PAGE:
(U.K 1967-1999, 2006-Present)
Formed by Peter Gabriel, Genesis' singer leader and theatrically visual front man up to his shock departure from the band in autumn 1975, from among school-friends at England's famous Charterhouse Public School - a background which didn't assist their acceptance in a rock culture which prefers its heroes, if not genuinely working class, at least superficially so.
Of original four - Gabriel, Banks, guitarist Anthony Phillips and Rutherford - the first three (with Gabriel then playing drums) performed in the school group Garden Wall, although they have said that they came together initially through mutual interests in song-writing.
In fact, it was primarily as a vehicle to publicise and sell their songs that Genesis came into being post-Charterhouse and art school/university, a fifth member, John Mayhew (drums), having by this time augmented the line-up.
However, they were notably unsuccessful in this aim until they came to the attention of producer, singer and all-round pop entrepreneur Jonathan King in the late '60s. King, it transpired, was also an ex-Charterhouse schoolboy, though not a contemporary. King produced their first album, 'From Genesis To Revelation' (1969), also suggesting the group's name. The public showed little interest. Neither did King or Decca Records subsequently and, after a year with the company, their contract was allowed to lapse. (This debut album has since been re-issued under title 'In The Beginning' - London/ Decca, 1974.)
At this point the group were on the verge of splitting, but determined to soldier on. There followed a period when several people showed interest - including Guy Stevens, then producing Mott The Hoople with whom Genesis struck up an early friendship, and the Moody Blues, who toyed with the idea of signing them to their newly inaugurated Threshold label - but nobody came up with a firm offer until Tony Stratton-Smith, boss of the small Charisma company, took out an option.
The group cut 'Trespass for Charisma' in 1970 before Mayhew and Phillips quit the line-up. Phil Collins, ex of Flaming Youth and who, like Steve Marriott, had as a child actor played the Artful Dodger in a stage production of "Oliver Twist", took over on drums. A guitarist however, proved harder to come by, and Genesis played gigs for some six months as a four-piece before the arrival of Steve Hackett.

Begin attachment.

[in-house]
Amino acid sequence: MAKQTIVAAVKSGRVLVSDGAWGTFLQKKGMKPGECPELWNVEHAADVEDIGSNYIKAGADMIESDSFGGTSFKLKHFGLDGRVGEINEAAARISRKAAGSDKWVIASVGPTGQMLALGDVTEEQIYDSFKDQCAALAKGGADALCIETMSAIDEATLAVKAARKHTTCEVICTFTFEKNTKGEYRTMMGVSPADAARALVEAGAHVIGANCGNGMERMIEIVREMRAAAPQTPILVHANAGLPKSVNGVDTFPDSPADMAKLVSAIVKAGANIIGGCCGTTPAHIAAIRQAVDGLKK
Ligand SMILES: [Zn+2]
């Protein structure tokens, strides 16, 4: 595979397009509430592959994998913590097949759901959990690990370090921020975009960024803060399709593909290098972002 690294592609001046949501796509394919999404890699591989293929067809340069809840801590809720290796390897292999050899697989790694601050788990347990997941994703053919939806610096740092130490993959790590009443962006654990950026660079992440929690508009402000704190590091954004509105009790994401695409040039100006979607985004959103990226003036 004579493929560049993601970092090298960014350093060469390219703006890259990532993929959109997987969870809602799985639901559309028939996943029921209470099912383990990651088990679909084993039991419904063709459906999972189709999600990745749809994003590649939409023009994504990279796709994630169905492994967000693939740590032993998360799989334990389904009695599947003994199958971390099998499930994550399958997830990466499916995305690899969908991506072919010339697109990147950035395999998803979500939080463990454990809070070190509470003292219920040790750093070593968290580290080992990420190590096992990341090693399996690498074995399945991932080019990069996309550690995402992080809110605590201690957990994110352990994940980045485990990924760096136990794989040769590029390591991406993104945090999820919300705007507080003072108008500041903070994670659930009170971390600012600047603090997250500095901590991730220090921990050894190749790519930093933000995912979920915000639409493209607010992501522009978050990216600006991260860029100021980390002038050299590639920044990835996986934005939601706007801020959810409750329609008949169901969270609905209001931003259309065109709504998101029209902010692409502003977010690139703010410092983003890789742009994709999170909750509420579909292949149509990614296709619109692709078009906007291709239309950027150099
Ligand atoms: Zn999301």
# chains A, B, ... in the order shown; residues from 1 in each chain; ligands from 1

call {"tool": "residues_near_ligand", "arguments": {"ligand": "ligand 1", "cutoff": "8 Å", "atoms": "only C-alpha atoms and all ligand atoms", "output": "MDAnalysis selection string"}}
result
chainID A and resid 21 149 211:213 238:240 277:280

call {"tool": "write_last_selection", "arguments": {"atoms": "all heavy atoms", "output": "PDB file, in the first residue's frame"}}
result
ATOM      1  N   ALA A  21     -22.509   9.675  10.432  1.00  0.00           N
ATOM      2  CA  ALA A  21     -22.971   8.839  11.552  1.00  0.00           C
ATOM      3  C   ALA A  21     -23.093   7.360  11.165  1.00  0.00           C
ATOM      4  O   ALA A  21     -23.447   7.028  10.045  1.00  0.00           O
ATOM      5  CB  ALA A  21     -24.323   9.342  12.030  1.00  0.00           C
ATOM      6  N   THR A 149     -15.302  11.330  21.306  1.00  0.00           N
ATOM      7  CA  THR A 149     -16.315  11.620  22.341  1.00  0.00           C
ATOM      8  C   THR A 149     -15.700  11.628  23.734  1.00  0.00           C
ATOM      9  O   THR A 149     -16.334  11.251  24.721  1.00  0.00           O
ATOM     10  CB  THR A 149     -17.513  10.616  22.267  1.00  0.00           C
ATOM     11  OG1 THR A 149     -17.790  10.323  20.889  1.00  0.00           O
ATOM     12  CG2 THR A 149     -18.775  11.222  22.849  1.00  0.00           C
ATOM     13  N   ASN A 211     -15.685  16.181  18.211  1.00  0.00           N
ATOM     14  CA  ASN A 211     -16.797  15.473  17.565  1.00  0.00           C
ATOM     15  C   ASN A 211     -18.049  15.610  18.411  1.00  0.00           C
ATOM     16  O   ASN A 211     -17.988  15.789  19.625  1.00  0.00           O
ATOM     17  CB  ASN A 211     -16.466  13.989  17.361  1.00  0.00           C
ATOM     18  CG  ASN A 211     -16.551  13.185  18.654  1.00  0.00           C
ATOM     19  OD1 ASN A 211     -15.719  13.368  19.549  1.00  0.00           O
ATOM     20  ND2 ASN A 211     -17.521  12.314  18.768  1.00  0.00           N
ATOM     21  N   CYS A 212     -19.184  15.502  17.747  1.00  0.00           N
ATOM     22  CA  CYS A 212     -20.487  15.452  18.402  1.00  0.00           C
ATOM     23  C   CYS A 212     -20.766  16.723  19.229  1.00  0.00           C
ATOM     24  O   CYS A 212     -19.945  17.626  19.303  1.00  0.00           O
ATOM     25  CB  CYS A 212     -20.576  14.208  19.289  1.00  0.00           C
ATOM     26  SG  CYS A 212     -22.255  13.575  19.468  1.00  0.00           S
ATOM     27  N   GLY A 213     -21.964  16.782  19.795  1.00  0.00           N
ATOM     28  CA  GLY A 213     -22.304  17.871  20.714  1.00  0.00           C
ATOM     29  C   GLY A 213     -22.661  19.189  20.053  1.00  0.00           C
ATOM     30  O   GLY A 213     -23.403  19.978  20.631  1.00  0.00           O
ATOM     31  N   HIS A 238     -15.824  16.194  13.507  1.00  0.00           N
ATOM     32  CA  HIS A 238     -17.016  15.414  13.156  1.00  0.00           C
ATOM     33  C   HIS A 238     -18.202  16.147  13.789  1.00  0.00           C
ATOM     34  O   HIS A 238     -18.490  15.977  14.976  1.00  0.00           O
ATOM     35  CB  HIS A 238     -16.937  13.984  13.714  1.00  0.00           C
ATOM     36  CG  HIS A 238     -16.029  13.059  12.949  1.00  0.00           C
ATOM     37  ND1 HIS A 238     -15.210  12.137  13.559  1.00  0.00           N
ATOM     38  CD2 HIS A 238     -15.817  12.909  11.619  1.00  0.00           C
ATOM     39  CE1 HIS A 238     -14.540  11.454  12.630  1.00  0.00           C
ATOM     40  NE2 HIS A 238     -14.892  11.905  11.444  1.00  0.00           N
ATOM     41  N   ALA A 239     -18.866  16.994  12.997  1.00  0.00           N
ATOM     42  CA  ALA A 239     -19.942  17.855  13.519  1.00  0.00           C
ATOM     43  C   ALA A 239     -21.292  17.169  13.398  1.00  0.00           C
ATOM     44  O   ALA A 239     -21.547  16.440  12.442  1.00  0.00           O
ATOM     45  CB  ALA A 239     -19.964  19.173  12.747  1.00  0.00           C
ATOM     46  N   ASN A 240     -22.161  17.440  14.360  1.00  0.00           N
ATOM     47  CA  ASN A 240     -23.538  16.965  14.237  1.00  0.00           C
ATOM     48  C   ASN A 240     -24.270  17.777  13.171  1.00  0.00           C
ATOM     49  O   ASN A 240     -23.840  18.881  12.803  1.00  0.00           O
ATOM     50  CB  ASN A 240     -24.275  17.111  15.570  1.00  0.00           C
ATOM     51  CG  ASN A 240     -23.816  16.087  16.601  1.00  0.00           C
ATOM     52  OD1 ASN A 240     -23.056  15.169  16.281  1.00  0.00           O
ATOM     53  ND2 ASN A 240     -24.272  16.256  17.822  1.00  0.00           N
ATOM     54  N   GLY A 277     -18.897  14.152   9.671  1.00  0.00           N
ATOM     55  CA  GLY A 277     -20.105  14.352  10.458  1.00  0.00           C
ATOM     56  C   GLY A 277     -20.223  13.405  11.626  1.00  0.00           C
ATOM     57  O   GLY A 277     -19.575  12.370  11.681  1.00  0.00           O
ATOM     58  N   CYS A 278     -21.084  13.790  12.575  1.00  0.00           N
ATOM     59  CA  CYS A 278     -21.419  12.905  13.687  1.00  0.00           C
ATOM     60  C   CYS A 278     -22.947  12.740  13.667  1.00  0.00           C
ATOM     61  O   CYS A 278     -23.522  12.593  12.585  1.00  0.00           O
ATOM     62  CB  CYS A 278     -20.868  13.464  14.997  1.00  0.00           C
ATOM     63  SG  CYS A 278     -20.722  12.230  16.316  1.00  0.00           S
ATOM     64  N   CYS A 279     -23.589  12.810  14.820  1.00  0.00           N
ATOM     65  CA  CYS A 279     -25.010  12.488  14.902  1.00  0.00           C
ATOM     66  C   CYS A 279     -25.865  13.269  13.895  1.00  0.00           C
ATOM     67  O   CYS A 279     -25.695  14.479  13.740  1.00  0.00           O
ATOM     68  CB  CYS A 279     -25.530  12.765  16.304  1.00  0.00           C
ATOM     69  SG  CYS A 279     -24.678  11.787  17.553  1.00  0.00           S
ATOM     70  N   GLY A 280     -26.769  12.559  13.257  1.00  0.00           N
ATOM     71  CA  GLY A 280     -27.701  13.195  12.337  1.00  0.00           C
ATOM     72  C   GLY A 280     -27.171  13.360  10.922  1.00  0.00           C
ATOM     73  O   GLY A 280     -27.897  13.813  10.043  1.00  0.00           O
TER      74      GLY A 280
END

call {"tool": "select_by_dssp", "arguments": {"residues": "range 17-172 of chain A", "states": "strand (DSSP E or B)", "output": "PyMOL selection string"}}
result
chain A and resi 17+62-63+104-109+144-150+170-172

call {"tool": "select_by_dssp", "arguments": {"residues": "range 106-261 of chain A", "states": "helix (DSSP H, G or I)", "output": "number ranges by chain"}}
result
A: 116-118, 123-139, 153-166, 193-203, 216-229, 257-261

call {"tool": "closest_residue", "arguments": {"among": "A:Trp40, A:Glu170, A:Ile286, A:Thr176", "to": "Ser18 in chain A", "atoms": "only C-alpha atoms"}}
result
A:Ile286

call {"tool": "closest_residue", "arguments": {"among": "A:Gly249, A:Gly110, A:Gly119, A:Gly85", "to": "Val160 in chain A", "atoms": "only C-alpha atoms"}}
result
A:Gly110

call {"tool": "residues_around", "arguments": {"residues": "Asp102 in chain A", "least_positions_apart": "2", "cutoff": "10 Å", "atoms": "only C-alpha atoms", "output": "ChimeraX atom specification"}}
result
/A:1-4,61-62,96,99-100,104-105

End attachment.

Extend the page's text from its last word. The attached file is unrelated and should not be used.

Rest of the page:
Both new members made their recording debut on the altogether more adventurous 'Nursery Cryme' (1971). which reflected embryonic period of what was to become Genesis' distinctive style. At around the same time the band began to experiment on stage with the visuals and theatrics on which they would subsequently found their reputation. It was here that Peter Gabriel, bedecked in an ever more outrageous wardrobe of theatrical costumes, came into his own as the focal point of the group.
The 1972 set 'Foxtrot' contained two of the band's best-known numbers "Watcher Of The Skies" and "Supper's Ready", and marked their debut in U.K. albums lists. Their British tour in the winter of 1972-73 enhanced their growing reputation, evidenced by the chart success of the 1973 'Genesis Live' collection.
In autumn of the same year came the remarkably successful Selling 'England By The Pound' album which supplied the band's first British hit single "I Know What I Like". By the time of the ambitious conceptual double-set "The Lamb Lies Down On Broadway" (1974), Genesis' reputation as a major British band was already secured. They followed the album's release with their most adventurously-produced tour presentation, Gabriel acting out the story of the album's lead character which drew sell-out audiences in Britain and considerable public attention in American concert halls.
However, in late 1975 after a spate of music business rumours, Peter Gabriel - who was Genesis in the minds of many of the group's fans in the same way that Paul McCartney is Wings announced that he was leaving to work solo.
Most observers were at the point ready to write off the group's future - Gabriel looks irreplaceable. However, the ban confused pundits by declining to bring in a new face; instead, drummer Phil Collins stepped forward from the drum stool to take lead vocals with quite remarkable self confidence. The resulting album 'A Trick Of The Tail' (1976) won almost unanimously excellent reviews, when it had seemed just few months earlier that Genesis were all washed up.
To enable Collins to sing on stage the group added American jazz drummer Chester Thompson to the line up in late '76 after a temporary period using Bill Bruford.
As a sideline, Collins also recorded with 1975-formed jazz rock group Brand X, appearing on their two albums 'Unorthodox Behaviour' and 'Moroccan Roll' [extract from The Illustrated New Musical Express Encylopedia of Rock by Nick Logan & Bob Woffinden, 1977. p91-92]